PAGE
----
Rules you don’t see
I came across a piece of music yesterday that I found extraordinary. It came up in a discussion between Brian Eno and Ha-Joon Chang. That these two were in discussion was peculiar to me, but more of this kind of crossover discussion is a good idea. Cross-pollination of ideas is almost always worthwhile, if only because it helps uncover the rules you don’t see.
The piece of music, In C, composed by minimalist Terry Riley works something like a round (you can find the full rules here). I found many versions on YouTube, the comments beneath which revealed that many people find the music tedious and irritating. That’s fair warning. Each player moves through the 50-odd bars as they wish. Each bar is written in C, as the title suggests. Each time the piece is performed then, it is likely that each player will drift ahead and fall behind each other player in a slightly different way.
The outcome is different each time, but the rules stay the same.
What you might not see though, is that the notes cannot be questioned – most people don’t sit down at a piano and wonder why they cannot play in between the notes. You have an instrument, and you work within the parameters of that instrument. To quote Brian Eno:
So whenever you talk about the free market – or free jazz! – what you really mean is “constrained by rules that we’ve stopped thinking about”. This seems a long way off music, but when you set out to make something, you might just inherit all the ways of making it. If you’re a Tin Pan Alley songwriter, you don’t question the fact that there are 84 notes on the piano. You’re not bothered by the fact that you can’t get in between two of them – these are just the ground rules of the working situation.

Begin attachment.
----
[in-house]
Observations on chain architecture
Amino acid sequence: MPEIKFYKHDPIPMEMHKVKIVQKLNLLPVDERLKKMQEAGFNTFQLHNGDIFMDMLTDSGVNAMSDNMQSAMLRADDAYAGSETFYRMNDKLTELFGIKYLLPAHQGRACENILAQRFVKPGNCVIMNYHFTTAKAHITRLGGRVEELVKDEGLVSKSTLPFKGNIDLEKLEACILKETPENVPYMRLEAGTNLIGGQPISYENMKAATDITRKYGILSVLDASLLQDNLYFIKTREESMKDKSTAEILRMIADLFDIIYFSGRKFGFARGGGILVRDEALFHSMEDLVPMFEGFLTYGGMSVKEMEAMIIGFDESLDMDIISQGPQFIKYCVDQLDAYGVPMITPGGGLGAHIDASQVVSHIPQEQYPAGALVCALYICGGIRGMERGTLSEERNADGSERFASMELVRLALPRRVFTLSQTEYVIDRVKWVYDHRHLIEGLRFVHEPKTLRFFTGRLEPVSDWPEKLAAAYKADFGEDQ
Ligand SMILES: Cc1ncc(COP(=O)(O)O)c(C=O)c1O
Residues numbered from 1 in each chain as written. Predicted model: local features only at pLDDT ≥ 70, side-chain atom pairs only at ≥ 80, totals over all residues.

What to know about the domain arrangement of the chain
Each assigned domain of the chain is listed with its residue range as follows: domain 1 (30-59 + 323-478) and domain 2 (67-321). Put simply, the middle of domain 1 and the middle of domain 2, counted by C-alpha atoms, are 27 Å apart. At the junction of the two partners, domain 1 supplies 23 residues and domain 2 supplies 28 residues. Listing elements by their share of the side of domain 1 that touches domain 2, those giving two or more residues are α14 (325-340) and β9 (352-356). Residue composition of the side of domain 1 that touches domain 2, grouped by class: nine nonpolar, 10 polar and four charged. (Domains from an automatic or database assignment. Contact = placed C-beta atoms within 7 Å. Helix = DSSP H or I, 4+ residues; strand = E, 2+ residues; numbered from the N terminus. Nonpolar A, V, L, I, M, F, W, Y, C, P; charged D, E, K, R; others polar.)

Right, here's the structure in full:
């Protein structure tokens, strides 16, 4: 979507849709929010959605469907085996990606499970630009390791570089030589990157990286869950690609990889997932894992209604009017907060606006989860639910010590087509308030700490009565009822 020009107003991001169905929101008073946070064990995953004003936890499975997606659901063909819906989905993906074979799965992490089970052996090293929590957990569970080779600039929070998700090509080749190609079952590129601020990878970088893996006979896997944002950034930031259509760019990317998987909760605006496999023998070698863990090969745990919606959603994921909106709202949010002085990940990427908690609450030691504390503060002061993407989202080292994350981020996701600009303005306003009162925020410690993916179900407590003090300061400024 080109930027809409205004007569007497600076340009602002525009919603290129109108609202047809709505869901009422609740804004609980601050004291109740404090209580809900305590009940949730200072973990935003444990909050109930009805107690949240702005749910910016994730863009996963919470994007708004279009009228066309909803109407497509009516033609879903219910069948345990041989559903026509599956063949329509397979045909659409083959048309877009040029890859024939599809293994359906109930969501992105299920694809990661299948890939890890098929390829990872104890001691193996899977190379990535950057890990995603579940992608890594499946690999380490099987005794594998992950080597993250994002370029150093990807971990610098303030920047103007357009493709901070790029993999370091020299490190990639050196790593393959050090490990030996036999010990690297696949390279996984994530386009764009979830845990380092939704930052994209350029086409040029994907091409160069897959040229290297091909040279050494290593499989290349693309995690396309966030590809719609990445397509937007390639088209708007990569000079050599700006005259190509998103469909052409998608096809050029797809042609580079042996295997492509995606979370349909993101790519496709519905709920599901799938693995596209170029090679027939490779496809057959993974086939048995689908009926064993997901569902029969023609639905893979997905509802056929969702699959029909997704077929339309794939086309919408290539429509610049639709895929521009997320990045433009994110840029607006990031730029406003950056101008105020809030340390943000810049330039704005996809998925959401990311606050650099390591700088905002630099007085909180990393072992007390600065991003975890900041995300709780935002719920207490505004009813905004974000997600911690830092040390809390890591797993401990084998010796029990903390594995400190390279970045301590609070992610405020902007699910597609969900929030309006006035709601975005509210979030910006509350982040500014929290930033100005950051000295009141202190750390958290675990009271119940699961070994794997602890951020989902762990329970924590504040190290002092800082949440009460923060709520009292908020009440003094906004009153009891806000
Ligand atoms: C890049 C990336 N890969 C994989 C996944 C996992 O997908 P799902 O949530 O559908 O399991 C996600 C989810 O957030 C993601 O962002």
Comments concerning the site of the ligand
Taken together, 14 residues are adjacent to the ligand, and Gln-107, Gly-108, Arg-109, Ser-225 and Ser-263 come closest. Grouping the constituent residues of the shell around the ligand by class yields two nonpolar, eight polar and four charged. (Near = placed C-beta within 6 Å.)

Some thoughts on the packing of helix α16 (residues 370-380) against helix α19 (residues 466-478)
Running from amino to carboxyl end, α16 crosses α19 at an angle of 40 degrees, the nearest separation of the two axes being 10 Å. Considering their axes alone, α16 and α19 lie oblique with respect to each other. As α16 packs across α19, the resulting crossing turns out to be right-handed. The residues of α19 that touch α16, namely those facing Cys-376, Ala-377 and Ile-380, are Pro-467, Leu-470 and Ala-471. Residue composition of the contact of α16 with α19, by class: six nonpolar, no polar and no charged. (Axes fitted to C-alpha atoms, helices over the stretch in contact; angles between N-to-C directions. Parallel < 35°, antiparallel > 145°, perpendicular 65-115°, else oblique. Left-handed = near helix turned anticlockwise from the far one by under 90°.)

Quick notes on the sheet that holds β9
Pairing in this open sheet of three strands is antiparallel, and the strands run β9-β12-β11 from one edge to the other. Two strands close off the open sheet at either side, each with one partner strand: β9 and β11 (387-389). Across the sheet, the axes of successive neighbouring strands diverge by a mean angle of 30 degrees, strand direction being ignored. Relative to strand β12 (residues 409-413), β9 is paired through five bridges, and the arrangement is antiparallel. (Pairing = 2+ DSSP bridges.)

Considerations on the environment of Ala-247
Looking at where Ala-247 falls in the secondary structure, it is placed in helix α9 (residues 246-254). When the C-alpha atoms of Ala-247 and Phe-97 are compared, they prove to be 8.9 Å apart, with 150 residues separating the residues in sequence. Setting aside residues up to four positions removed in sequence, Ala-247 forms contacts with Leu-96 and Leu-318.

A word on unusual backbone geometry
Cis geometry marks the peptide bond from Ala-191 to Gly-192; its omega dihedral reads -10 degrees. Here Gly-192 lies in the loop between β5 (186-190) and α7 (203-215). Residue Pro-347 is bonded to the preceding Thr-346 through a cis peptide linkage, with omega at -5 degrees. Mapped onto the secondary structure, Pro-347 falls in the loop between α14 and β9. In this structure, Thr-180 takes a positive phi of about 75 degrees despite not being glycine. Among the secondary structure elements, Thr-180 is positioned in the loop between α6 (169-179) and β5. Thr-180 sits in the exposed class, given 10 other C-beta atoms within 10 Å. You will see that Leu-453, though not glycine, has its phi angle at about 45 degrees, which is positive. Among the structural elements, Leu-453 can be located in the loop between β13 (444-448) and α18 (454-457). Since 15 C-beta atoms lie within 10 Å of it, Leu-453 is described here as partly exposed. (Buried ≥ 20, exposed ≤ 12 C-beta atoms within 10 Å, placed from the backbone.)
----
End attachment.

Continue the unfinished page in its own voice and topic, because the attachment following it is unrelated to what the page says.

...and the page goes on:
This quote followed some discussion about economic rules we don’t see. Free Market adherents, I would suggest, are really not at all what they claim to be. How many libertarians have you met that suggest that child labour is the way forward (“Hey”, people once said, “I have a job, the kid wants it, Government should stay out of it”). So, no child labour has, in many places, become a rule we no longer see.
Though “regulation” is often criticised as unnecessary costs to business, stopping that holy grail of economic growth (more perhaps, on zero-growth economics in the future), what any given person, or any given political persuasion means by “regulation” varies. In New Zealand, an example of regulatory failure resulted in what is now known as the “leaky homes” problem. Removing regulations in the building and construction industry in the 1990’s probably did result in some bonus to those businesses. It came at some cost though! Few people now question the need for regulation and minimum standards for construction (more so, given the risk of earthquakes). Rules you don’t see.
It’s almost always a good idea to take a step back, to look at the basis of your thinking. Sometimes the rules you don’t see are a good thing. Just as often, these rules limit the extent of your thinking – they stymie creativity and prevent new ideas from developing.
Sometimes, it helps to mix up ideas, to find the rules you don’t see; sometimes they can be challenged to improve the state of the world you do see.